Commenced in January 2007
Frequency: Monthly
Edition: International
Paper Count: 4

Costa Rica Related Abstracts

4 Water Balance in the Forest Basins Essential for the Water Supply in Central America

Authors: Elena Listo Ubeda, Miguel Marchamalo Sacristan

Abstract:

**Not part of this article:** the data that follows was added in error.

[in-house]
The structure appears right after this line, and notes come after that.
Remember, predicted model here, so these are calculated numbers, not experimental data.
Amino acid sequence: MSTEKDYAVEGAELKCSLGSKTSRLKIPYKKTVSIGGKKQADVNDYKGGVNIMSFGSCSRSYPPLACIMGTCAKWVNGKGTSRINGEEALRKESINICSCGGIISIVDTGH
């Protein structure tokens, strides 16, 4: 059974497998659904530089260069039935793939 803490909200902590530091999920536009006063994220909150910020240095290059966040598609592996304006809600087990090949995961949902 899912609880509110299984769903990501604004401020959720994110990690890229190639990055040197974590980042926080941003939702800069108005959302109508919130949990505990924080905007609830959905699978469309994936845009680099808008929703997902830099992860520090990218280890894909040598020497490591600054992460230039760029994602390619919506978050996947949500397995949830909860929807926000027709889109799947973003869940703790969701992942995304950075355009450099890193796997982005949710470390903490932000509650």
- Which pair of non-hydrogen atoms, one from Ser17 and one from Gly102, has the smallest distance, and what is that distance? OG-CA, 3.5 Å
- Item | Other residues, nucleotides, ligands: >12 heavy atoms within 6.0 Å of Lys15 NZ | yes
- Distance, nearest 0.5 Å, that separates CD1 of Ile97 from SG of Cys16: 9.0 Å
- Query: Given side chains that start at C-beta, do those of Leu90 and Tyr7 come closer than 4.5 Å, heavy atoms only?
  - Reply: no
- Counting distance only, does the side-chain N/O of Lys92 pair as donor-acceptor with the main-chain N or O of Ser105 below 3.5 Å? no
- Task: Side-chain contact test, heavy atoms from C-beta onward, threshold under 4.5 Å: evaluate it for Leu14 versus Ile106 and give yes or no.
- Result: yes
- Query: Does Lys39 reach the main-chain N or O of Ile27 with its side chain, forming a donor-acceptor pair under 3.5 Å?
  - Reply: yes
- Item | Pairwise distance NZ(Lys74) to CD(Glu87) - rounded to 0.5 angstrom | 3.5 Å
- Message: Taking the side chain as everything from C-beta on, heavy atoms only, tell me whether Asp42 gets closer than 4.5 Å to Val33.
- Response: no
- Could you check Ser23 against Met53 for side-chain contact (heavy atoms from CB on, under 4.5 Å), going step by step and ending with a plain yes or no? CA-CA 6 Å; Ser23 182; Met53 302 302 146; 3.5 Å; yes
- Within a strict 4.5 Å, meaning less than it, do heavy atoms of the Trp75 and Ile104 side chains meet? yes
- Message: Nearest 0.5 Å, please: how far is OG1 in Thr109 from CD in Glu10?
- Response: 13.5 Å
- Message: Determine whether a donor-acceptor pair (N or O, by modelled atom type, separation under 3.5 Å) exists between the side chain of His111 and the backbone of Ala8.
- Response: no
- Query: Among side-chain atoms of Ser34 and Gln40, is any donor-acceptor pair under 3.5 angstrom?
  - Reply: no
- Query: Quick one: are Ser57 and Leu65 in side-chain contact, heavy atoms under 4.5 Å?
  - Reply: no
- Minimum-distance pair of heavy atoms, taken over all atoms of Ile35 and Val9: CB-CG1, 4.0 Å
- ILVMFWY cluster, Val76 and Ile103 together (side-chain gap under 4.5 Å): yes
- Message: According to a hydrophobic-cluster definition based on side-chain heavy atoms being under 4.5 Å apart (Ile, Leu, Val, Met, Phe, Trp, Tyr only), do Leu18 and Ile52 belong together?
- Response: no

The demand for water doubles every twenty years, at a rate which is twice as fast as the world´s population growth. Despite it´s great importance, water is one of the most degraded natural resources in the world, mainly because of the reduction of natural vegetation coverage, population growth, contamination and changes in the soil use which reduces its capacity to collect water. This situation is especially serious in Central America, as reflected in the Human Development reports. The objective of this project is to assist in the improvement of water production and quality in Central America. In order to do these two watersheds in Costa Rica were selected as experiments: that of the Virilla-Durazno River, located in the extreme north east of the central valley which has an Atlantic influence; and that of the Jabillo River, which flows directly into the Pacific. The Virilla river watershed is located over andisols, and that of the Jabillo River is over alfisols, and both are of great importance for water supply to the Greater Metropolitan Area and the future tourist resorts respectively, as well as for the production of agriculture, livestock and hydroelectricity. The hydrological reaction in different soil-cover complexes, varying from the secondary forest to natural vegetation and degraded pasture, was analyzed according to the evaluation of the properties of the soil, infiltration, soil compaction, as well as the effects of the soil cover complex on erosion, calculated by the C factor of the Revised Universal Soil Loss Equation (RUSLE). A water balance was defined for each watershed, in which the volume of water that enters and leaves were estimated, as well as the evapotranspiration, runoff, and infiltration. Two future scenarios, representing the implementation of reforestation and deforestation plans, were proposed, and were analyzed for the effects of the soil cover complex on the water balance in each case. The results obtained show an increase of the ground water recharge in the humid forest areas, and an extension of the study of the dry areas is proposed since the ground water recharge here is diminishing. These results are of great significance for the planning, design of Payment Schemes for Environmental Services and the improvement of the existing water supply systems. In Central America spatial planning is a priority, as are the watersheds, in order to assess the water resource socially and economically, and securing its availability for the future.